For The Record

Trump continues criticism of Kemp’s plan to let businesses reopen

By: - April 24, 2020 4:15 pm

President Donald Trump said he is watching the situation in Georgia “closely.” For now, he said he would rather defer to Gov. Brian Kemp, even Georgia has not yet seen a two-week decline in cases as called for by the White House guidelines for reopening. Doug Mills-Pool/Getty Imaages

If President Donald Trump ever gave his blessing to Gov. Brian Kemp’s plan to let businesses reopen, he’s not owning up to it now.

The Associated Press is reporting that the president condoned Kemp’s plan before the governor’s surprising Monday announcement and then again afterwards. Trump has since publicly criticized the plan in back-to-back televised briefings – a shift the AP report attributes to the influence of wary health advisors.

Kemp’s order allowed businesses like tattoo parlors, gyms, hair and nail salons, and bowling alleys to reopen with limitations Friday. Restaurants and movie theaters can open their doors Monday.

“I want them to open and I want them to open as soon as possible,” Trump said Thursday evening, referring to the newly opening businesses. “And I want the state to open. But I wasn’t happy with Brian Kemp. I will tell you that right now.”

Trump said he is watching the situation “closely.” For now, he said he would rather defer to Kemp, even Georgia has not yet seen a two-week decline in cases as called for by the White House guidelines for reopening.

“I said, ‘You’re not in the guidelines, but I’m letting you make your own decision,’” Trump said. “But I want people to be safe and I want the people in Georgia to be safe, and I don’t want this thing to flare up because you’re deciding to do something that is not in the guidelines.”

The governor has called his approach “measured” and said it’s important to protect livelihoods as well as lives, but the decision has been highly controversial and has thrust Georgia into the national spotlight.

Trump, who earlier encouraged states to reopen in hopes of jumpstarting the beleaguered economy, has said he disagrees “strongly” with Kemp’s plan and that it is “too soon” for these services to resume at this point in the fight to slow the spread of COVID-19.

Trump continued to distance himself from Kemp’s decision on Friday. He said on Twitter that neither he nor Vice President Mike Pence “gave Governor Brian Kemp an OK on those few businesses outside of the Guidelines. FAKE NEWS! Spas, beauty salons, tattoo parlors, & barber shops should take a little slower path, but I told the Governor to do what is right for the great people of Georgia (& USA)!”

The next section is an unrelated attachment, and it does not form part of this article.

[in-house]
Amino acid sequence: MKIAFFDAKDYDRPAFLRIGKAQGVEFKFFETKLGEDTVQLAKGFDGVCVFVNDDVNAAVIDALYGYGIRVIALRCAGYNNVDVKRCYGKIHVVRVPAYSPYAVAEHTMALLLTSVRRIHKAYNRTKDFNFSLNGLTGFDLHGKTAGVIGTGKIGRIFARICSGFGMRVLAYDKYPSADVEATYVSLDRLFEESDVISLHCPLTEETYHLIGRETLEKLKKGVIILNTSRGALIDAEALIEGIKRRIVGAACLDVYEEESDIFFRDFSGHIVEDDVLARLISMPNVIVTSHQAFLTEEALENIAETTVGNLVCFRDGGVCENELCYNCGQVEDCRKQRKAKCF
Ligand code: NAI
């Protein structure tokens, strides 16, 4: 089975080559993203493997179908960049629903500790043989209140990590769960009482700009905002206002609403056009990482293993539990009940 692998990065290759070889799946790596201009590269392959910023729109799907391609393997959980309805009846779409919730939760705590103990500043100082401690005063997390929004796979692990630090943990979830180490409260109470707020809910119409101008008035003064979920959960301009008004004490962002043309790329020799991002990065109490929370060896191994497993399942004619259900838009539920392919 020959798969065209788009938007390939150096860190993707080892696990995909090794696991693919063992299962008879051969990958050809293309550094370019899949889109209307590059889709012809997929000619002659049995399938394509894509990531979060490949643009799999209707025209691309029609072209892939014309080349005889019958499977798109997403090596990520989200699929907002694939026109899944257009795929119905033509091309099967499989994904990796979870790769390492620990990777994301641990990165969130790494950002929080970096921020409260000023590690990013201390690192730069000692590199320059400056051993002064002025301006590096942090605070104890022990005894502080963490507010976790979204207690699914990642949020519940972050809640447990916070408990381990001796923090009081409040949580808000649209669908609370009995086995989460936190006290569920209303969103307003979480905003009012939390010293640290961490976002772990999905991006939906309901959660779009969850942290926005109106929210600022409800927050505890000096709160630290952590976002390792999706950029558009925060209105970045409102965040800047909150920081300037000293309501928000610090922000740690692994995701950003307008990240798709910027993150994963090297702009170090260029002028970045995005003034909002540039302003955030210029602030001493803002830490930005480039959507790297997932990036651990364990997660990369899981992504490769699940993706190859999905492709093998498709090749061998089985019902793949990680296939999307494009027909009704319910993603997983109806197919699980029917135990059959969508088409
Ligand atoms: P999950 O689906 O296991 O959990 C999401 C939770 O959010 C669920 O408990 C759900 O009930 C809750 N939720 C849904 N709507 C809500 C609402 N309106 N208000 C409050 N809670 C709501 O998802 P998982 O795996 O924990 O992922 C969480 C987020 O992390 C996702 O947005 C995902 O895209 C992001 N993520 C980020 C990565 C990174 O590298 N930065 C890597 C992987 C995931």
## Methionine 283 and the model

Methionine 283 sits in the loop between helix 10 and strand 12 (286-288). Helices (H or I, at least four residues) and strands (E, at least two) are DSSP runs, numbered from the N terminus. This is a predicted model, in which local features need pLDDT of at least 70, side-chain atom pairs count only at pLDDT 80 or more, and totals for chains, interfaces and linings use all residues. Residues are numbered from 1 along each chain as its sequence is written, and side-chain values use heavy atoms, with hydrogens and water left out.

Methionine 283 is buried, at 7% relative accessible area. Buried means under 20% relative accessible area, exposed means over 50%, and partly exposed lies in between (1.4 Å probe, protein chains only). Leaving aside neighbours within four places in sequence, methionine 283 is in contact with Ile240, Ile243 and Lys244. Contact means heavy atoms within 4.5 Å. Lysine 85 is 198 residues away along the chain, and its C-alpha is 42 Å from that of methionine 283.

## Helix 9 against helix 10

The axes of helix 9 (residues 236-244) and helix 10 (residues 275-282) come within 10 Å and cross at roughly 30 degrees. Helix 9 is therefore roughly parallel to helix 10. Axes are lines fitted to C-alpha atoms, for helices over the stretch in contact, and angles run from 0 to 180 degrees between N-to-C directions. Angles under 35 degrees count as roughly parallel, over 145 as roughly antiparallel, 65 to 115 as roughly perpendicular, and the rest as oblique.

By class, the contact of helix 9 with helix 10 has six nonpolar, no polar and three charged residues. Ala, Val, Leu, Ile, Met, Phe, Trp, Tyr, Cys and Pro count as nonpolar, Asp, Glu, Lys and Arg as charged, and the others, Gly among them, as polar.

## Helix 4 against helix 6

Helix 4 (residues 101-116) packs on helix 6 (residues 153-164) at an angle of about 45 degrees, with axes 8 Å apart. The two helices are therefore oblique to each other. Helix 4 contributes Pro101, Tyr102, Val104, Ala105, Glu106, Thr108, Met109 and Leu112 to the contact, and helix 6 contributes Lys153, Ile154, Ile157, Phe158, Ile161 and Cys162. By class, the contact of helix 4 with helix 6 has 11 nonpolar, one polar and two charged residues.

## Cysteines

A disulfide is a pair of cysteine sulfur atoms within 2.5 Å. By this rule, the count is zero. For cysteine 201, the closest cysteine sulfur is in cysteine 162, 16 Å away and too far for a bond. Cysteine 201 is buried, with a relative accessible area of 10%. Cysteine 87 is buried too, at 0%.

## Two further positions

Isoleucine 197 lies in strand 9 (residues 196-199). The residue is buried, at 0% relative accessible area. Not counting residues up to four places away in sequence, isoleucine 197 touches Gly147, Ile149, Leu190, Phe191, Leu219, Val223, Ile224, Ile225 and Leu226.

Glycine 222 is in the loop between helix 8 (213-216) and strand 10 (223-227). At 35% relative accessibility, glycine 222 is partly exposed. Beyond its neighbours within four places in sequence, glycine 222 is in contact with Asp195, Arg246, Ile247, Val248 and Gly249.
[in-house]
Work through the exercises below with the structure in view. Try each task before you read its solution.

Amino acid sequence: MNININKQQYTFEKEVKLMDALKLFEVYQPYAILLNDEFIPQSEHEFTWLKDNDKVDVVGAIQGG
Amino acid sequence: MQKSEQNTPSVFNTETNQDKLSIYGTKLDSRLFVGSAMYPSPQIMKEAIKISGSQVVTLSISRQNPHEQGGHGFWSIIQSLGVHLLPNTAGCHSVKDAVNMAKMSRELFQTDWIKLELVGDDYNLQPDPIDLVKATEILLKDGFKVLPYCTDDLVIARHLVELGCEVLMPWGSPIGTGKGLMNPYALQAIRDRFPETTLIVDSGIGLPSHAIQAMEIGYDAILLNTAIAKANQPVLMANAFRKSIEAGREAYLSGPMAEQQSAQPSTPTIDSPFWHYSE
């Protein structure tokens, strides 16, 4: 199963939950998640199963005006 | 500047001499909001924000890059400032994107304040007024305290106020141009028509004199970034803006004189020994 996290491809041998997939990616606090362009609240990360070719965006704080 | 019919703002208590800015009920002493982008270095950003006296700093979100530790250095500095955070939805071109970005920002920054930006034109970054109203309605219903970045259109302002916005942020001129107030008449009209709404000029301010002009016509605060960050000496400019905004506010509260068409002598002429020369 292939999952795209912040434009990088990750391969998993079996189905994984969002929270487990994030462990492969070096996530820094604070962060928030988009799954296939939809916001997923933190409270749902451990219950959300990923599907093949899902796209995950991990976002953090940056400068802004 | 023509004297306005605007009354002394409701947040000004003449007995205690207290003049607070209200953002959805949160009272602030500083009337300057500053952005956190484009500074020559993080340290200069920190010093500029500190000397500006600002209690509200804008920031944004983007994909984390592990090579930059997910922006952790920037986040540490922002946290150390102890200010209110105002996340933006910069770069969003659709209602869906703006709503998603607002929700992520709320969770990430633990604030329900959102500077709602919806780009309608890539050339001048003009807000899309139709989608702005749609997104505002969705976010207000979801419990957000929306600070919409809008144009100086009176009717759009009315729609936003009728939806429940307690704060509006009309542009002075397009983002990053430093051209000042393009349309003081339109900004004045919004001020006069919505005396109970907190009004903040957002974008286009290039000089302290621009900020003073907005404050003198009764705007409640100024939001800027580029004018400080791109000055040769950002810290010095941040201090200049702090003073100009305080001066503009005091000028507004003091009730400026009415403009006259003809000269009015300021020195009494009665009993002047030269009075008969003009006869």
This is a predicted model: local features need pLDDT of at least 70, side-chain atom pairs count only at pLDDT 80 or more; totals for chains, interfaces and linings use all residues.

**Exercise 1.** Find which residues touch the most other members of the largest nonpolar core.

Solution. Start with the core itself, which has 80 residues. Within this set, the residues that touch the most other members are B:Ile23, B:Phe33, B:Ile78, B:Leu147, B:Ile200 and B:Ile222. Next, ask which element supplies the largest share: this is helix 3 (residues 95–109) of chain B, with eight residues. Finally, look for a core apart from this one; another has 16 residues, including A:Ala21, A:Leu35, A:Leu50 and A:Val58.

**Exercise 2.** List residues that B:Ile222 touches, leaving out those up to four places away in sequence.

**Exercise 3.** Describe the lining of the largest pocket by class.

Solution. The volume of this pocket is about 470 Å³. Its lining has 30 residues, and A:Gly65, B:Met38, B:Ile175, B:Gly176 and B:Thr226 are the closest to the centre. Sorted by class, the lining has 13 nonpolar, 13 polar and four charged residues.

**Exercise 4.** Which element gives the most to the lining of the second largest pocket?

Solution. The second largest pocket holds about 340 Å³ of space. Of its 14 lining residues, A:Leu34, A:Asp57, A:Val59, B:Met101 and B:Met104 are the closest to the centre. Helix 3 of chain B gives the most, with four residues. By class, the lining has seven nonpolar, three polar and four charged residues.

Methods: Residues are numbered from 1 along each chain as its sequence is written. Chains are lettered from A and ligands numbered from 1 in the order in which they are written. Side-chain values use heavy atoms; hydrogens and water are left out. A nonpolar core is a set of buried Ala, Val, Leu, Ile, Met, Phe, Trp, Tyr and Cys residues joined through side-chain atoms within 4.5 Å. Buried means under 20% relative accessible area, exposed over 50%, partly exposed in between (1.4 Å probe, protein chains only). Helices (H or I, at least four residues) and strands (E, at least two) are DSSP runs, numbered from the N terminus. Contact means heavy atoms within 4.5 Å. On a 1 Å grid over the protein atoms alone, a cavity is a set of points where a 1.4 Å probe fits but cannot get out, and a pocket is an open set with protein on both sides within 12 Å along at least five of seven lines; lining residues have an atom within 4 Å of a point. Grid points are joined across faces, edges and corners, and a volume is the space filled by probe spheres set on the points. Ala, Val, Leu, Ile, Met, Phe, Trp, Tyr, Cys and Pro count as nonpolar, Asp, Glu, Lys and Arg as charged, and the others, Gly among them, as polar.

The Republican governor, who spent Friday touring areas of storm-damaged south Georgia, hasn’t directly pushed back on Trump’s criticism. He said on Twitter Thursday that his team has worked closely with the Trump administration and federal officials.

“Our decisions and direction are informed by data and public health recommendations,” Kemp said.

Noting that most businesses have remained open with limitations, Kemp said he believed it was time to let the formerly closed businesses operate under limitations. He issued more detailed guidelines for newly reopening businesses late Thursday.

This week’s surprising rift between Trump and Kemp is a first for the political allies, although the governor has shown he is not afraid to fall out of step with the president. Kemp did not tap the president’s preferred choice for the state’s vacant U.S. Senate seat last year. Instead of picking Georgia Congressman Doug Collins, Kemp appointed business executive and multi-millionaire Kelly Loeffler.

As of midday Friday, more than 22,000 Georgians have tested positive for the novel coronavirus. Nearly 900 people have died.

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Jill Nolin
Jill Nolin

Jill Nolin has spent nearly 15 years reporting on state and local government in four states, focusing on policy and political stories and tracking public spending. She has spent the last five years chasing stories in the halls of Georgia’s Gold Dome, earning recognition for her work showing the impact of rising opioid addiction on the state’s rural communities. She is a graduate of Troy University.